Lawrence Fajardo

1. Of course, we tried to adapt to the times and give a more modern approach to the stories. I also wanted to capitalize more on increasing the feeling of fear with the pace of the story rather than the audience just being scared because of visual monsters. It helped a lot that we have great actors who can give the right emotion as needed. Kudos to all our actors, Cristine Reyes for Hukay, Kim Molina and Debbie Garcia for 14th floor and Mccoy de Leon, Julian Trono, Aubrey Caraan, Carlyn Ocampo and Kedebon for Tok Tok for their commitment. We braved the rains and even the storm Ulysses (during Tok Tok shoot) in mounting these projects. Cristine gave her all in an almost claustrophobic dungeon, the five youngsters continued taping even during the bad weather, and Kim had to run down how many flights of stairs that she had blisters on her feet.

2. Oh, this is what I was saying in the first answer. I believe in making the audience’s imaginations run wild with the unseen with hints of scary visuals. I think creating an overall feeling that will scare viewers whether you use visual presentation or not is the key. It depends on the story, although I am more in favor of playing with the audience’s imagination. We’re all scared of death and the unknown. Darkness encapsulates both. I believe that in the darkness lies everyone’s fears. Everything you can’t see in the darkness just adds to the mystery and fear.

3. My favorite local horror flick is Peque Gallaga’s Manananggal from the Shake, Rattle and Roll series. From the design, the lighting to the acting, the film was very realistic and its mounting was very cohesive. At that time na visual effects and prosthetics were not that advanced, making the manananggal fly was a feat in itself. I remember that I was amazed at how realistic and scary it all was.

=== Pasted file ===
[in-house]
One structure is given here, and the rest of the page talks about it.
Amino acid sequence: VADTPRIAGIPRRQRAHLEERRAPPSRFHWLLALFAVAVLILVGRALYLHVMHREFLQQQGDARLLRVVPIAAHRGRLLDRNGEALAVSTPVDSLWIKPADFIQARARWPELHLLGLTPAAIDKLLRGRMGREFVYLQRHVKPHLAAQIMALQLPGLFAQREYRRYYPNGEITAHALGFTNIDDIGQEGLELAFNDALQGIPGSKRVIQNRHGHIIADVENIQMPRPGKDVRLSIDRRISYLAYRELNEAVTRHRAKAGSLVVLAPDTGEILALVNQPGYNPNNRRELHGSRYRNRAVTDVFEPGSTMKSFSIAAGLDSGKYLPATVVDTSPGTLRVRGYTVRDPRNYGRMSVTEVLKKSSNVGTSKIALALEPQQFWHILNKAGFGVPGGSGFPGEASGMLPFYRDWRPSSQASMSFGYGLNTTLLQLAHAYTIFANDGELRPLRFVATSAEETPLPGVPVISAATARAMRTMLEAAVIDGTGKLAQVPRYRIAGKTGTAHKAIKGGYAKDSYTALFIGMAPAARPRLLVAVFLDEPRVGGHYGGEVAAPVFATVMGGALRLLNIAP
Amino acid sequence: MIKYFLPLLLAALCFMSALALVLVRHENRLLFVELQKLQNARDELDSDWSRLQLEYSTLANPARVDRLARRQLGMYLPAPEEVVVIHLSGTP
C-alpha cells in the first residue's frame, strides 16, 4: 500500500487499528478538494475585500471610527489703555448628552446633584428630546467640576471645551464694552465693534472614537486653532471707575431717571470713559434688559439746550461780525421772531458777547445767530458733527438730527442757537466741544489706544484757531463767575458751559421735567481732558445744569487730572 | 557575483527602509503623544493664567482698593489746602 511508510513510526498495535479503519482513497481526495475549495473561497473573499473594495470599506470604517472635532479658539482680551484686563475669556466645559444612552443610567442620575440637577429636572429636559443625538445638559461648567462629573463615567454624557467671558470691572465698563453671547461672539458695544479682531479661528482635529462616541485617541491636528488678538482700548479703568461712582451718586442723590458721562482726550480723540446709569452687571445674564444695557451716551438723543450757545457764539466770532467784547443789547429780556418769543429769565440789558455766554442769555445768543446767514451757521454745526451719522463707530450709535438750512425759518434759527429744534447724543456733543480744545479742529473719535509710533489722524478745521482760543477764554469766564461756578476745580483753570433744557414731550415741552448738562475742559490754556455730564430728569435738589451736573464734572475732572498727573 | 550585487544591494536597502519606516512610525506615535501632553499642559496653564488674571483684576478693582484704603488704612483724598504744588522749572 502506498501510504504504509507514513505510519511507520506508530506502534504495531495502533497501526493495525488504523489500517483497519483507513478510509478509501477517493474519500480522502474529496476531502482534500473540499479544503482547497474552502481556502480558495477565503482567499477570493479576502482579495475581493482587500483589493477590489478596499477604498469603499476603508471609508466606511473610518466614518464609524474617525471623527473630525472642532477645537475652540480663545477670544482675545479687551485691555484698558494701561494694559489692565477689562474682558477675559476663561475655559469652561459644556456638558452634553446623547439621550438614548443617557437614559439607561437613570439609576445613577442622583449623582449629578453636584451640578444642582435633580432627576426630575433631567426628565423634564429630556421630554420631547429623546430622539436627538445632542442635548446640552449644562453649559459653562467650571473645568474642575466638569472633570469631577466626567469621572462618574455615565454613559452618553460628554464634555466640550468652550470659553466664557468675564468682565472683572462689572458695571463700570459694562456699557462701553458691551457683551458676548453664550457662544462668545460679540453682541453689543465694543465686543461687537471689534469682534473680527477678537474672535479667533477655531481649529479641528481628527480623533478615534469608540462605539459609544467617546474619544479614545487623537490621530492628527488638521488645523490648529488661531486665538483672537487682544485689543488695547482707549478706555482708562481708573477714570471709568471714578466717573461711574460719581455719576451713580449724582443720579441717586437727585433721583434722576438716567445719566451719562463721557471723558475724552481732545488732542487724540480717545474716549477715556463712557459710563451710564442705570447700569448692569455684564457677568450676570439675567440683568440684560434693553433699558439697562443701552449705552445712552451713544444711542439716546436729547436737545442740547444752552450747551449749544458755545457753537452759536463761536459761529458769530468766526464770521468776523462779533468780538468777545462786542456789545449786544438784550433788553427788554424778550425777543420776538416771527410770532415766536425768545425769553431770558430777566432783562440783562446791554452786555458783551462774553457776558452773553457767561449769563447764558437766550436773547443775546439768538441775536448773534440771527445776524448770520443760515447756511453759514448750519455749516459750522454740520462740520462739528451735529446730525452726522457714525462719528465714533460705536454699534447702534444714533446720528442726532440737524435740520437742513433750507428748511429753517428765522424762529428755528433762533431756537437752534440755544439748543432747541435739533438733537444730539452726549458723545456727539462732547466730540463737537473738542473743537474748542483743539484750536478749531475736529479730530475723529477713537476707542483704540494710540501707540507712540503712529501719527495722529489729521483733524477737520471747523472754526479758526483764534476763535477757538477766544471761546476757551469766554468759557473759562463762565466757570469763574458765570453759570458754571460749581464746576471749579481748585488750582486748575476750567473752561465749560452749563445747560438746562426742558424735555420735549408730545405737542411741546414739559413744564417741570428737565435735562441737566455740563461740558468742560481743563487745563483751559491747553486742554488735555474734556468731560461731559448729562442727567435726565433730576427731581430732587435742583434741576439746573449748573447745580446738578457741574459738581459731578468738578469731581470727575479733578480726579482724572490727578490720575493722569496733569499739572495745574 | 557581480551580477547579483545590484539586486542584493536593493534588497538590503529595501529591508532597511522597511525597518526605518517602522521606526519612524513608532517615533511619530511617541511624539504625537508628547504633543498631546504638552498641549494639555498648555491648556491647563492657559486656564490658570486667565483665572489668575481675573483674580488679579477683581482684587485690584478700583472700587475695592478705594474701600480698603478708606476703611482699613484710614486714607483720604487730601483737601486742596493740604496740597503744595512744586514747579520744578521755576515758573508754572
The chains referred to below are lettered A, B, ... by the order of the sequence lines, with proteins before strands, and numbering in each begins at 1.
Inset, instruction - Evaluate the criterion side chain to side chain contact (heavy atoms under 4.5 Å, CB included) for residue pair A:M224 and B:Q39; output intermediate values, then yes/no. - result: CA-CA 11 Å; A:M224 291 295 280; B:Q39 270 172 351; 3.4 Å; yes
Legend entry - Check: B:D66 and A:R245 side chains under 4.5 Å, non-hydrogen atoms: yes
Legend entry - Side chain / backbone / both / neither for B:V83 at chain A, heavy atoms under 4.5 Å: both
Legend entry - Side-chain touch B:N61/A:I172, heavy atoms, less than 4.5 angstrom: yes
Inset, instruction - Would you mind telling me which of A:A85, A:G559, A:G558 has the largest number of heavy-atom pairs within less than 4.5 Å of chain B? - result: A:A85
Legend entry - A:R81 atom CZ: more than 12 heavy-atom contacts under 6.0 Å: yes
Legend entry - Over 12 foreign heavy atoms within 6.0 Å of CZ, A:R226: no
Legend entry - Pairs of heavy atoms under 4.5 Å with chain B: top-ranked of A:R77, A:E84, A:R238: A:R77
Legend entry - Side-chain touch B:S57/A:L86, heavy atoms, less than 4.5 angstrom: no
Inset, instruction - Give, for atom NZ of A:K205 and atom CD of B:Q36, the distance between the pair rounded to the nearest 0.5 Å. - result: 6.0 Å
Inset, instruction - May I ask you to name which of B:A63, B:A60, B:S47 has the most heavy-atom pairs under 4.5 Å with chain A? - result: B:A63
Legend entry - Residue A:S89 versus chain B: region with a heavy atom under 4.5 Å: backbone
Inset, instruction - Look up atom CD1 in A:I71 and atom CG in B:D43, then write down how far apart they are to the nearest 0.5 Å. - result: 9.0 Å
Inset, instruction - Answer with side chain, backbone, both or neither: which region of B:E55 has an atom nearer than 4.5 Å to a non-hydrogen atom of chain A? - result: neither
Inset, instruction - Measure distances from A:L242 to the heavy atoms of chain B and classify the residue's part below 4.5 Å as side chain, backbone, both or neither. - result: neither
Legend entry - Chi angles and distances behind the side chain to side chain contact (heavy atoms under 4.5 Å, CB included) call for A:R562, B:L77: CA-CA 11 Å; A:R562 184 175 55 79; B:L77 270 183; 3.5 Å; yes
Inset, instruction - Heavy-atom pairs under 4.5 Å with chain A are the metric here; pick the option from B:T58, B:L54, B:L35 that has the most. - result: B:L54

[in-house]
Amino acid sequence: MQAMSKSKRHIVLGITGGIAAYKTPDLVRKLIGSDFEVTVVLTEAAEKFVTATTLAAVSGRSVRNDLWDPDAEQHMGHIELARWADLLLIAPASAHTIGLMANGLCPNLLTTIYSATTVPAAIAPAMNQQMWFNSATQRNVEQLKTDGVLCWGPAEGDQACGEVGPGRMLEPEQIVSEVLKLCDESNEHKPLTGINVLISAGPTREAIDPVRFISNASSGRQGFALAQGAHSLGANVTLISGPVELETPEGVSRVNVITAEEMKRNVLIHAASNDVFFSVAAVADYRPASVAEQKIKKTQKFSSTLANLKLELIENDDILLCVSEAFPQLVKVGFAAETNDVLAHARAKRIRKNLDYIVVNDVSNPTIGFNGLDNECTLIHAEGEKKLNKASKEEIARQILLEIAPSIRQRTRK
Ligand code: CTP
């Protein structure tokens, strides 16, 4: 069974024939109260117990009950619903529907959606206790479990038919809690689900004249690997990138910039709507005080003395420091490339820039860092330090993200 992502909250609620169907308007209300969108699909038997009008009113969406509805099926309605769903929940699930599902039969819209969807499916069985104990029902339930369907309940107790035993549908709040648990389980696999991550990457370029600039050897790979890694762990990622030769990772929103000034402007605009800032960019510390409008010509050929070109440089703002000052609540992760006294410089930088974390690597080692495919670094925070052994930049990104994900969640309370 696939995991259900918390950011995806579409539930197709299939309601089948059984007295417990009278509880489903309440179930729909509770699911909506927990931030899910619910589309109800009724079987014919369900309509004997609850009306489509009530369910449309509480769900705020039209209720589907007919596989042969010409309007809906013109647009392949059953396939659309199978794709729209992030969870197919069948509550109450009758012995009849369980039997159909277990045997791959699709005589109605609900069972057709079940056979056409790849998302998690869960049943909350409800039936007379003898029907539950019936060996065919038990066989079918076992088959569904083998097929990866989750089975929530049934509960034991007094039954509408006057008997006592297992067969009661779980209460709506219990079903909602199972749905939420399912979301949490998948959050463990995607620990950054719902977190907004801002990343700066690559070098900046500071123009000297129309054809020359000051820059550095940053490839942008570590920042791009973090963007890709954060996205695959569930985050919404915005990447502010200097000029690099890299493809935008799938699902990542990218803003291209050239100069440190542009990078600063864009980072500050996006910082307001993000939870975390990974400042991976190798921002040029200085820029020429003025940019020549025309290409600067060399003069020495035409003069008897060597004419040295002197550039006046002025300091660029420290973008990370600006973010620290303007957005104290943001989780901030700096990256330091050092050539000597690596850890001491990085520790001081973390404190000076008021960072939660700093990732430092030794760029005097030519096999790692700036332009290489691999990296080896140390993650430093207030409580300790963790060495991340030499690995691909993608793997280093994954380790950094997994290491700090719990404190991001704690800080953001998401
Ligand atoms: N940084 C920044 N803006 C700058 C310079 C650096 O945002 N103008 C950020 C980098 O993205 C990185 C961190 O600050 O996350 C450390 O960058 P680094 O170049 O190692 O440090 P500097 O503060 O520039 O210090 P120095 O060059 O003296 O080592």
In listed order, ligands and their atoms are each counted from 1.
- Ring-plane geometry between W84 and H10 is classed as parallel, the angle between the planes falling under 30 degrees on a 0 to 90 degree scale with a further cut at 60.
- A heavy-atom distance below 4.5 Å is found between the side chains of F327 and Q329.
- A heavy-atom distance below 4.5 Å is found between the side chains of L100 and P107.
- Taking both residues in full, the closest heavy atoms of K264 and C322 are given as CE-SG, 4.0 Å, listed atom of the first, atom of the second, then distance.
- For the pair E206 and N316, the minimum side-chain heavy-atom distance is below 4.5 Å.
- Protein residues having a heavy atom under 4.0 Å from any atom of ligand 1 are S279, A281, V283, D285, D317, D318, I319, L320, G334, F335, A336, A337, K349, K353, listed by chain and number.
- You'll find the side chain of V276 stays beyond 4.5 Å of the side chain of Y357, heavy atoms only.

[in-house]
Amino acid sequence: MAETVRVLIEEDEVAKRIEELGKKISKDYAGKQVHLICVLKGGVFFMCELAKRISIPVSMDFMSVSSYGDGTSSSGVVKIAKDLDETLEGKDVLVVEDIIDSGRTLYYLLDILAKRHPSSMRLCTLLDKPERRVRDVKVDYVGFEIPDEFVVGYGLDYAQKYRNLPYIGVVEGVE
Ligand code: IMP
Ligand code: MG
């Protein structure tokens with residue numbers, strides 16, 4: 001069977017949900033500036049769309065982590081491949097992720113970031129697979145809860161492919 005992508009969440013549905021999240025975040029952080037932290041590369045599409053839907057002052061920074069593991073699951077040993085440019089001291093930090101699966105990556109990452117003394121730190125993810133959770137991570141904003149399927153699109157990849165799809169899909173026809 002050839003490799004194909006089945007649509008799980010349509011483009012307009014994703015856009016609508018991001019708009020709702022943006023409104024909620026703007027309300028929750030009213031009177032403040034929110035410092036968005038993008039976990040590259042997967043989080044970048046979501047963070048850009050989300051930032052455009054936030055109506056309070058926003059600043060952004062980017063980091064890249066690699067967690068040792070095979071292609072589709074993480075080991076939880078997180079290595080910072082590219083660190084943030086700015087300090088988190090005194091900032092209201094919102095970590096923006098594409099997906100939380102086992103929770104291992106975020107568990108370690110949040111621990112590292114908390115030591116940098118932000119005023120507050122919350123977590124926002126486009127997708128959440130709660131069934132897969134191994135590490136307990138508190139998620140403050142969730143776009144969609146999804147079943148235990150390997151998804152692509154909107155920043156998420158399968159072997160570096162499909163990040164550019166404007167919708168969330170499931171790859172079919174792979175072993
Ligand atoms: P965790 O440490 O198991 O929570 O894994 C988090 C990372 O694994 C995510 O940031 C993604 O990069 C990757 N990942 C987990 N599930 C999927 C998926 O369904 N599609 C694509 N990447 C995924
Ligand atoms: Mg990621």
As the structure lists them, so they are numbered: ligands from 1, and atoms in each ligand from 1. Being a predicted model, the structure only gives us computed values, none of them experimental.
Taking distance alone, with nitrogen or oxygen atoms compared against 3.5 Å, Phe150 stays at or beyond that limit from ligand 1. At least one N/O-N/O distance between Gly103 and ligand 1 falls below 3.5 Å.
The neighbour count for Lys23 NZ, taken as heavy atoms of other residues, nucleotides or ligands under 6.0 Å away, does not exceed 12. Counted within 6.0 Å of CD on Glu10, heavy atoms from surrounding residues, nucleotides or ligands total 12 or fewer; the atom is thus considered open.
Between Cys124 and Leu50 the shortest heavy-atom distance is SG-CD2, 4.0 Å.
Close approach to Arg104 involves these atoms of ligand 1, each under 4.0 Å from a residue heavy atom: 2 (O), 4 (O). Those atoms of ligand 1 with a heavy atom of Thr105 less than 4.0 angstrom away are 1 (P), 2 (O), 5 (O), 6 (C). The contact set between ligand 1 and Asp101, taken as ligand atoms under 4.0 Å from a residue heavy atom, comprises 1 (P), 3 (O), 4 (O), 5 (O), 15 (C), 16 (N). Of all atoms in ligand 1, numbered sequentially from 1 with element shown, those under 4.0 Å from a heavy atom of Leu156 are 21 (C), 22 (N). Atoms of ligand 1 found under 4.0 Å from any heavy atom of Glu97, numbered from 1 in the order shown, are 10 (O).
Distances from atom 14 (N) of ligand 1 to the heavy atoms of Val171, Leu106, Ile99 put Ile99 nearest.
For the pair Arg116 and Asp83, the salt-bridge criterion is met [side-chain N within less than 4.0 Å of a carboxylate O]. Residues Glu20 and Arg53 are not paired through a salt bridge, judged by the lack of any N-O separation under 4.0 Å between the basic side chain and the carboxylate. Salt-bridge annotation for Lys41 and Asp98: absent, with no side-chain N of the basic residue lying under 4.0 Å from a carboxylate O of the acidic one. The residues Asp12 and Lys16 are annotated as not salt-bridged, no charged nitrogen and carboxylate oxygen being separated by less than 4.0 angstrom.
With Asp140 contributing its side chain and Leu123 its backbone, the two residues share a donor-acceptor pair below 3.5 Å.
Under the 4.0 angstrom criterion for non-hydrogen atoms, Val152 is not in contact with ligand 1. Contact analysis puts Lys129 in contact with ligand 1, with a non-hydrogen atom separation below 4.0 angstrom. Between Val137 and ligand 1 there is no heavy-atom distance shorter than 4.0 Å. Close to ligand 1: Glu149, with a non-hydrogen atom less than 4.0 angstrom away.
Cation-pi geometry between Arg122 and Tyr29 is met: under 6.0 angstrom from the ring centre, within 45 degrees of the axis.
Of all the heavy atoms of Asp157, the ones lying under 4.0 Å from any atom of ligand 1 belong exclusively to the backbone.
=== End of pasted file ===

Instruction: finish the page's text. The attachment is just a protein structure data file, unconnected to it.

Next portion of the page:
Richard Somes

1. I put a spin on retelling the horror genre by sticking to its original folklore and mythology and then reconstruct it with its new language and some original and new concepts and twists about how the story should be told and how the genre should progress to give the audience a kind of flavor in terms of how we want to attack the horror stories all over again.

2. As a director, I want my horror to be as real as possible. Something that could translate and can narrate to the audience, something that is very familiar to them, something that these elements could possibly and could happen to them. And I’m more or less a more scary type of director. I don’t rely on CGI or the classic jump scare tricks. I’m more of the level of anticipation of the audience. I want to bring the audience into an experience.

3. My favorite local horror movie is the episode of the first Shake, Rattle & Roll titled Manananggal directed by the great Peque Gallaga. I love that episode because it’s esoteric, isolated and the fear of spiritual conviction is there. It’s a fight between your faith and the force that tries to challenge it and in the end, it’s only your faith that can save you. And also, the setting of the film is just so relatable because I truly grew up in that kind of environment, na the way Peque made it, it’s pure storytelling and the element of putting all the horror pieces all together, and how Peque set the mode and tone.

My favorite foreign horror movie is Stephen King’s Salem’s Lot (1983) directed by Tobe Hopper. Again, it’s the mode and tone of the film that set it apart. The feeling of isolation is so strong in that film. It’s a small town infected by vampires. It’s a great film because it doesn’t rely on CGI again but on directing, staging and mode. And for the first time, I was introduced to the Nosferatu-inspired vampire by FW Murnau. It’s not a movie actually but a telemovie.

(E-mail reactions at For more updates, photos and videos, visit or follow me on Instagram @therealrickylo.)